It's unclear to me if Borderlands 2 is appreciated widely on the level that I appreciate it. Video-game marketing, like all marketing, is so shamelessly deceitful that it's hard to tell if the various awards and accolades the game's marketers tout are meaningful or bullshit, like those glowing critical epithets foisted onto movies like Draft Day. The fact that the Borderlands team of developers pumped out installment after installment of new downloadable content (DLC), extending the shelf life of the game— first with new and increasingly awesome mini-quests, then by increasing the character level cap from 50 to 60 and now 71, a level status of such rarified air it demands more playing time than most Wimbledon finalists devote to practicing their lobs—would seem to indicate there are enough enthusiasts like myself to warrant such heroic levels of time and money. I'm sure game developers take it as a point of pride to build a game universe that's so rich and ever-expandable that it can never be fully explored, at least not in a single human lifetime. Pride aside, though, I also hope these guys are getting paid handsomely, because as software engineers, they're providing a way more valuable service to the world than that Flappy Bird dude.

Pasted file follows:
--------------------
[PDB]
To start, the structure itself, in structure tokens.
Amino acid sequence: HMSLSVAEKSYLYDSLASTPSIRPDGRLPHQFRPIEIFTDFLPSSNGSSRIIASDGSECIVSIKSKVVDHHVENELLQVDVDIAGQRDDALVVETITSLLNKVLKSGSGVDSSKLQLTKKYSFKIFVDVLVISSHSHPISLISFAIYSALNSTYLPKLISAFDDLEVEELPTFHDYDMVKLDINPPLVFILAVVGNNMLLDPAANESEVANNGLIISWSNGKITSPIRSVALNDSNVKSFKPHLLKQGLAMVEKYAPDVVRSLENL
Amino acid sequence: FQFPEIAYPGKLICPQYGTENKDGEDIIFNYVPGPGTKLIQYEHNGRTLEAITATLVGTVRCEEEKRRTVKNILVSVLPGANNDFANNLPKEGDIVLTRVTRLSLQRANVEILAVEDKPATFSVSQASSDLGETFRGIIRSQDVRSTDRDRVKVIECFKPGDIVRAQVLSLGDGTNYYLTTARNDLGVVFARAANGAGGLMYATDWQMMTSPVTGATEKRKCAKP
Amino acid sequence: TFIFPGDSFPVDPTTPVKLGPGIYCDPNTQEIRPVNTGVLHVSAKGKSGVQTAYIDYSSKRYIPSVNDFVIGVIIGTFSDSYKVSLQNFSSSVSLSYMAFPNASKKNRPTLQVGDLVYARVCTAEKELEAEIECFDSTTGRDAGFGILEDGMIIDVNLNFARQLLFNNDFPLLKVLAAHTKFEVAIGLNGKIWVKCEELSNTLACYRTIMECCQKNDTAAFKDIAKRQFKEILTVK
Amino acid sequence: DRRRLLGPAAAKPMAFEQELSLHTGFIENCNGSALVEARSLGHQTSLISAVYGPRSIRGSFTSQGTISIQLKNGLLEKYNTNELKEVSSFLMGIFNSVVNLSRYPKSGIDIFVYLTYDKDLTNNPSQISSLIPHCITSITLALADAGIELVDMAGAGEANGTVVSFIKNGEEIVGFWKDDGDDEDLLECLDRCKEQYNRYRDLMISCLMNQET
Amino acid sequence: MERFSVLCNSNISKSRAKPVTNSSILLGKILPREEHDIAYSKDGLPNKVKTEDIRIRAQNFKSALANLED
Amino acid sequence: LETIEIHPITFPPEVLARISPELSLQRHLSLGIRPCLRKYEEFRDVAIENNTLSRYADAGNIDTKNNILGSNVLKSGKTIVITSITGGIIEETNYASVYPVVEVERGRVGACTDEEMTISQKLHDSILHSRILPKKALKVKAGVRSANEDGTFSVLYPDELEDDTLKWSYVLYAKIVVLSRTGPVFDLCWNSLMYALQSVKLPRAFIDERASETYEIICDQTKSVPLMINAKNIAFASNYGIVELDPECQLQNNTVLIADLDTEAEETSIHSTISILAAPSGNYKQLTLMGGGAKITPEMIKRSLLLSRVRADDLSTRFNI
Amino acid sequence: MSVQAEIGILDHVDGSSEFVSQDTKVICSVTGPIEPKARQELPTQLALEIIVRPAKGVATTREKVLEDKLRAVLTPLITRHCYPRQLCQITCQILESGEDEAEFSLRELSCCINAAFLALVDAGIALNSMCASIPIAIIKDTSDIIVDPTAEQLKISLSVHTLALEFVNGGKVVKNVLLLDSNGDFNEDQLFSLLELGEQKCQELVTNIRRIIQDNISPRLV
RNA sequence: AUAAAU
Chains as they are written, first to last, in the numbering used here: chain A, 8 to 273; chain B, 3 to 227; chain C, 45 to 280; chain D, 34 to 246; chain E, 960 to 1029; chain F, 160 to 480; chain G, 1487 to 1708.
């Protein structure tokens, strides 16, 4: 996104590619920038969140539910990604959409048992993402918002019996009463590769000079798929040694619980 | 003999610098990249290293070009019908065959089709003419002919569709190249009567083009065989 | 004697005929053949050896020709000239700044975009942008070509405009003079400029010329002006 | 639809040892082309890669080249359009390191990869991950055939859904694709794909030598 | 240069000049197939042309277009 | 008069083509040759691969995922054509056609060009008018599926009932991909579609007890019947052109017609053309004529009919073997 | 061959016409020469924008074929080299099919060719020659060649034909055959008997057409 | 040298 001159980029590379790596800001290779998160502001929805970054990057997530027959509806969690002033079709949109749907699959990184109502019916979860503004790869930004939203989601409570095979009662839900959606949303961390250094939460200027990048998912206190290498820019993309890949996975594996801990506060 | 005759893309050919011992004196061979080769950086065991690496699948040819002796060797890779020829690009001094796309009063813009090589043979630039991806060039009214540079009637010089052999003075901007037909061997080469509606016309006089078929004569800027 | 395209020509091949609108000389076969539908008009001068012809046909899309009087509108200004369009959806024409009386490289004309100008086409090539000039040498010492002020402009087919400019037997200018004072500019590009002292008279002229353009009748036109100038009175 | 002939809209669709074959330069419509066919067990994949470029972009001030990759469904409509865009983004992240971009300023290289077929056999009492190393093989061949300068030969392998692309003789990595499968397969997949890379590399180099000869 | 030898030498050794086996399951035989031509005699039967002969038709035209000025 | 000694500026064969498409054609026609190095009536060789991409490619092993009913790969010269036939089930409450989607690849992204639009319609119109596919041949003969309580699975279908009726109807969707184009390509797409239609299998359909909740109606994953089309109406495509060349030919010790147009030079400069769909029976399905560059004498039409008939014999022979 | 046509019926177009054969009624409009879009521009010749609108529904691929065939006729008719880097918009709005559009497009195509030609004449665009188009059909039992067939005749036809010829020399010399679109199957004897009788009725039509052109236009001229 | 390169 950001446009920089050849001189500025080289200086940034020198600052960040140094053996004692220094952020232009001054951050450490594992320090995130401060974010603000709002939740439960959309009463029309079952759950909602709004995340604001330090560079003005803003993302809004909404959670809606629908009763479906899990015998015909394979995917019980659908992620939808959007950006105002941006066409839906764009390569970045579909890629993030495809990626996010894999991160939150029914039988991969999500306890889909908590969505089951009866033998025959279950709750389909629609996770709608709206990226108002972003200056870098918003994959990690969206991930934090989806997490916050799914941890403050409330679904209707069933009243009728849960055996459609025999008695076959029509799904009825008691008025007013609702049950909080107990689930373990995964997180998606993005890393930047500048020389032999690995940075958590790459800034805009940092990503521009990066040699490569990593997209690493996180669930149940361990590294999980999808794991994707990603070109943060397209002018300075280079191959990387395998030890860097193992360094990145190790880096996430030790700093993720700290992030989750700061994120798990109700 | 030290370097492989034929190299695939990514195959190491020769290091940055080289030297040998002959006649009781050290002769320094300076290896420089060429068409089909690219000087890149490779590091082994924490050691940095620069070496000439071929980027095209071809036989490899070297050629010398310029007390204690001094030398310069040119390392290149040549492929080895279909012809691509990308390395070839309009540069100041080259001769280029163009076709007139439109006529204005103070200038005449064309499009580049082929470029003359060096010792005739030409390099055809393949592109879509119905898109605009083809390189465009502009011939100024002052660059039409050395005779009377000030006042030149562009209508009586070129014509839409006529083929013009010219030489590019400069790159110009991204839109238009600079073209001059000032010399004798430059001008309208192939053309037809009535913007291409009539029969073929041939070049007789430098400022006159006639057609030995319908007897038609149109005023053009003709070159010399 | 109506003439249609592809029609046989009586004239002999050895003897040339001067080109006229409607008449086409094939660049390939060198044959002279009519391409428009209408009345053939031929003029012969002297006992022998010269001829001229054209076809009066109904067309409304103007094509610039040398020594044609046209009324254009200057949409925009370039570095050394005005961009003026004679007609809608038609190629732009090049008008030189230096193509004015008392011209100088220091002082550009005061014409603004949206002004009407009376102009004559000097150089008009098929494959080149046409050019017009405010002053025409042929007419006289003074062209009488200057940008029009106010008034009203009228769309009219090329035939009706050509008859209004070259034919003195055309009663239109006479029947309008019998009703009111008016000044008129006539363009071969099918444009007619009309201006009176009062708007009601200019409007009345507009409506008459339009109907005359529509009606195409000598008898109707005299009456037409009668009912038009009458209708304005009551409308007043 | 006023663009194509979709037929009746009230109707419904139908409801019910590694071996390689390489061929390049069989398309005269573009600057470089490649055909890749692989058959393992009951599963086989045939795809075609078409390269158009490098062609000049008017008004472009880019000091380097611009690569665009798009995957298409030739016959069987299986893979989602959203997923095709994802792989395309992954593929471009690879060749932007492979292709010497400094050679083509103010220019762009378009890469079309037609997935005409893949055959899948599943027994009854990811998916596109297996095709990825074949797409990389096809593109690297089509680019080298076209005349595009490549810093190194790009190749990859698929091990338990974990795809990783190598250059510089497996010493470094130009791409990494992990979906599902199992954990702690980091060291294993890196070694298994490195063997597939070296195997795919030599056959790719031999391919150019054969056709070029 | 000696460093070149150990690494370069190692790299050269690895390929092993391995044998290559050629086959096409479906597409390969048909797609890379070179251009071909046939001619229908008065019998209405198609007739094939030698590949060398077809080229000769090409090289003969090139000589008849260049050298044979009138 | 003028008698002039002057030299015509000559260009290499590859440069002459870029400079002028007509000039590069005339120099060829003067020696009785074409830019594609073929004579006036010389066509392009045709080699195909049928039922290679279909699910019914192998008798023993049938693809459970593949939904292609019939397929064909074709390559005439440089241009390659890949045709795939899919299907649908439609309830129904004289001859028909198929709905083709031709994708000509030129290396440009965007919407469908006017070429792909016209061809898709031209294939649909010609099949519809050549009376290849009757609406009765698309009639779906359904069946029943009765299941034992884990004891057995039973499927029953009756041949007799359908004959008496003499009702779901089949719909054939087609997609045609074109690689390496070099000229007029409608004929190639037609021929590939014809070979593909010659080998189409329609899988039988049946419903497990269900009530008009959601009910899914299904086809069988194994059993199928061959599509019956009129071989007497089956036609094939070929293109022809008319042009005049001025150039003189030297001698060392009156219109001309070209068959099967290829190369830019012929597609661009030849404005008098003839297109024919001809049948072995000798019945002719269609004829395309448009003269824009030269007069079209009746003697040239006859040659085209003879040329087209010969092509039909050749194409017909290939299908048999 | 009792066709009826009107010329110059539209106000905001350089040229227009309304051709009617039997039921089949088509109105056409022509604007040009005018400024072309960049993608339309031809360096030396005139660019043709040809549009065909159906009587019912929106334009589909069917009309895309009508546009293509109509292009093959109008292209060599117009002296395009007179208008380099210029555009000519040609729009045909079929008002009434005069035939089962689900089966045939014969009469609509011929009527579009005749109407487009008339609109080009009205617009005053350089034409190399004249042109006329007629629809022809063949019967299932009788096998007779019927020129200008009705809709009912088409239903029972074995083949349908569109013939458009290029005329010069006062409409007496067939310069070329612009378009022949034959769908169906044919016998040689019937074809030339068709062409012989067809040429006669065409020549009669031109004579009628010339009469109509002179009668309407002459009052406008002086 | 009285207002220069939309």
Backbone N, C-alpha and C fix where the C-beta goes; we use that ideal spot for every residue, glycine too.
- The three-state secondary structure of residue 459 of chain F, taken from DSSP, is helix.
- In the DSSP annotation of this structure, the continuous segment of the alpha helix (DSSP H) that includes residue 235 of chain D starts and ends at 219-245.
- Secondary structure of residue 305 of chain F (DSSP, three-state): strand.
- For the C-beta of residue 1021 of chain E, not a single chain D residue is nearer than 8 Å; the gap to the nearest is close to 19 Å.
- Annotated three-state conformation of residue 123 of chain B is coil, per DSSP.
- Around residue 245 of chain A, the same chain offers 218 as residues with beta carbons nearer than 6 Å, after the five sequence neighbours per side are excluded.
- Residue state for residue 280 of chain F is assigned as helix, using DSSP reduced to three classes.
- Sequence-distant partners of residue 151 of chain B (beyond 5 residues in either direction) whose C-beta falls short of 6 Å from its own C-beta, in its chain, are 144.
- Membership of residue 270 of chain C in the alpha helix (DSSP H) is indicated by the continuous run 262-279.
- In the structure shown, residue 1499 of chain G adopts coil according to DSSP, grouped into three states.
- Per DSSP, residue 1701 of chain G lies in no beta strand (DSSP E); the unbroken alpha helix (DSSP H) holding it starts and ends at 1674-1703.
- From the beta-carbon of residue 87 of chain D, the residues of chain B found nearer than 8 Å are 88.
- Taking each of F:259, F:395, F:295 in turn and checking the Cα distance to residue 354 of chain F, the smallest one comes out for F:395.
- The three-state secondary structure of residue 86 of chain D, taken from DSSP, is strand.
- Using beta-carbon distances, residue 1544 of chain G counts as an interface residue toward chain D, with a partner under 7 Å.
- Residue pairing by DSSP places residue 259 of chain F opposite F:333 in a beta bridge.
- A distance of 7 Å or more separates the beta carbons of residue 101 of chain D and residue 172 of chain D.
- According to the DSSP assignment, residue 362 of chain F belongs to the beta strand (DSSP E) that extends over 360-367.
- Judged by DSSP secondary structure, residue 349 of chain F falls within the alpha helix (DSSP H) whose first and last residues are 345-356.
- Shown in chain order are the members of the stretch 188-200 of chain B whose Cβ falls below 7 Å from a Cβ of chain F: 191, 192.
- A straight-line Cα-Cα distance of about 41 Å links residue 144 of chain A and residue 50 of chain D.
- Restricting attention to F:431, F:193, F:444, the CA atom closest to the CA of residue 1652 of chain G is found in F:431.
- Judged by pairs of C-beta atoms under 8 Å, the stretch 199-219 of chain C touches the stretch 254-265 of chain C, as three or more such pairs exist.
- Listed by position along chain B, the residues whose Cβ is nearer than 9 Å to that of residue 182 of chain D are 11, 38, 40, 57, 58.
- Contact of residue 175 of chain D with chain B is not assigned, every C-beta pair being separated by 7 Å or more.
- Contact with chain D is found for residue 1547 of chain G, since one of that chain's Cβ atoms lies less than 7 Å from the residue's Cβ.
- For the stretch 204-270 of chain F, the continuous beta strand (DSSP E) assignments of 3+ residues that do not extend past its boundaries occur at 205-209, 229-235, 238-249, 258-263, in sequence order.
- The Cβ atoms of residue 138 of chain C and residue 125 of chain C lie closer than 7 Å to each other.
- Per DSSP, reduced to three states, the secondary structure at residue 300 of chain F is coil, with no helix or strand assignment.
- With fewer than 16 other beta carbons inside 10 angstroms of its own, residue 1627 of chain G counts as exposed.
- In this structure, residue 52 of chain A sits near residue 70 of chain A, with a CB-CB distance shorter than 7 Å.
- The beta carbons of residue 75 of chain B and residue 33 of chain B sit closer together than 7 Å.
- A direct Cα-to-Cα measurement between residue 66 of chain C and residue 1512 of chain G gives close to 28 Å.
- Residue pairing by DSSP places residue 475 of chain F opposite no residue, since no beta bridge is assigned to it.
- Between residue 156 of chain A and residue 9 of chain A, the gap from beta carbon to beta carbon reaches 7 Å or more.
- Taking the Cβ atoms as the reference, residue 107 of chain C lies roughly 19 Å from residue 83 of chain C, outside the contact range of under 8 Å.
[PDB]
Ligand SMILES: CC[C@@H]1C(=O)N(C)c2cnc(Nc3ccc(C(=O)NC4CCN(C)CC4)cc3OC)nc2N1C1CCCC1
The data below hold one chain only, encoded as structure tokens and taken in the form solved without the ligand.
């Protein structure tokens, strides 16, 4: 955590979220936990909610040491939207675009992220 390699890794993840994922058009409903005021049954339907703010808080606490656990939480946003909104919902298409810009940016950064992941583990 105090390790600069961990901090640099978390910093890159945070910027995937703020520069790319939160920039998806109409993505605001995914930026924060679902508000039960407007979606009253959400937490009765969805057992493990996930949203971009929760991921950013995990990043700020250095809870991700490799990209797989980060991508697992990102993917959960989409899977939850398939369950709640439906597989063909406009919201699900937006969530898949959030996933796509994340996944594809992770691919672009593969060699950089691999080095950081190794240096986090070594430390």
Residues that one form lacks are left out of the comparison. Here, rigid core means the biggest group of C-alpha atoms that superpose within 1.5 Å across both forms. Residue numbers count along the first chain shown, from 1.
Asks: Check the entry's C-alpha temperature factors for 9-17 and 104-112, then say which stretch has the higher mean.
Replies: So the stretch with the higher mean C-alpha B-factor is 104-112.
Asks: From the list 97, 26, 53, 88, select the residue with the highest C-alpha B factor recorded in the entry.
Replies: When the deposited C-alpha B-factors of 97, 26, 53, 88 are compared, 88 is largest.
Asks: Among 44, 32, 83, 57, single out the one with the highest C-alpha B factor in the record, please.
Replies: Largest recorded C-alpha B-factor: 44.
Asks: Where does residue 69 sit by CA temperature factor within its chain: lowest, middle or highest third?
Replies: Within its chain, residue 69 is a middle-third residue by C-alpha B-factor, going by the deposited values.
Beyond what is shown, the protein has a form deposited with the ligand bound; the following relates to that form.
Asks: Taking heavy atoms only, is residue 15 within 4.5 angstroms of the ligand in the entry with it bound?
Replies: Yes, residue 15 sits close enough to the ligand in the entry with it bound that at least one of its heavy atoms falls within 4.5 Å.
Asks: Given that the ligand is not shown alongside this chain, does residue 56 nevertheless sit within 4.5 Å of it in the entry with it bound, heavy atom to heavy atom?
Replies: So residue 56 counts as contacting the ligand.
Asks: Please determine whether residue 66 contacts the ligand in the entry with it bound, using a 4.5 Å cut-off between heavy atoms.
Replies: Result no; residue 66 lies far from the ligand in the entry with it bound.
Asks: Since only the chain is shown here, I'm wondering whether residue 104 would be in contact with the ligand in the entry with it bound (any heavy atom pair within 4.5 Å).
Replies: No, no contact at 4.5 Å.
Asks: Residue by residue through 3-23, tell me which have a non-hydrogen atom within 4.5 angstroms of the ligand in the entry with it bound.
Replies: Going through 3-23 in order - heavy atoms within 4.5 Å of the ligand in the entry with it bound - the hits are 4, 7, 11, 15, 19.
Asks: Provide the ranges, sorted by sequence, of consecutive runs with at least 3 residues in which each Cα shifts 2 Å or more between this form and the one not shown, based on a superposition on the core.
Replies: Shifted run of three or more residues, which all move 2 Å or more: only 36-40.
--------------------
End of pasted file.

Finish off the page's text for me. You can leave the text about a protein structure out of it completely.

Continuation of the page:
Now, I know Borderlands isn't alone among RPGs in terms of the virtuosity and complexity of its game world. Mass Effect and Fallout do a damn fine job, too, and I'm sure many of you have been reading this with steam coming out of your ears waiting for me to conclude this piece without mentioning the game I'm about to mention so you could quickly pounce on me in the comments and tell me I'm up my own arse: Elder Scrolls. Yes. A fine game. A fun game. I've devoted maybe 20 hours to it, and am certain I didn't scratch the surface. I have the RPG gene, i.e. a predisposition toward hoarding loot and leveling up that goes back to seventh grade/Final Fantasy. So I like all these games—they're in my blood. But I've also grown up a lot since seventh grade, so while stimulating the rat-brain can oftentimes be all I really need to enjoy an RPG, the thing that pushes Borderlands so far beyond the conventional RPG is its tone: self-aware, irreverent, absurd, crass, goofy.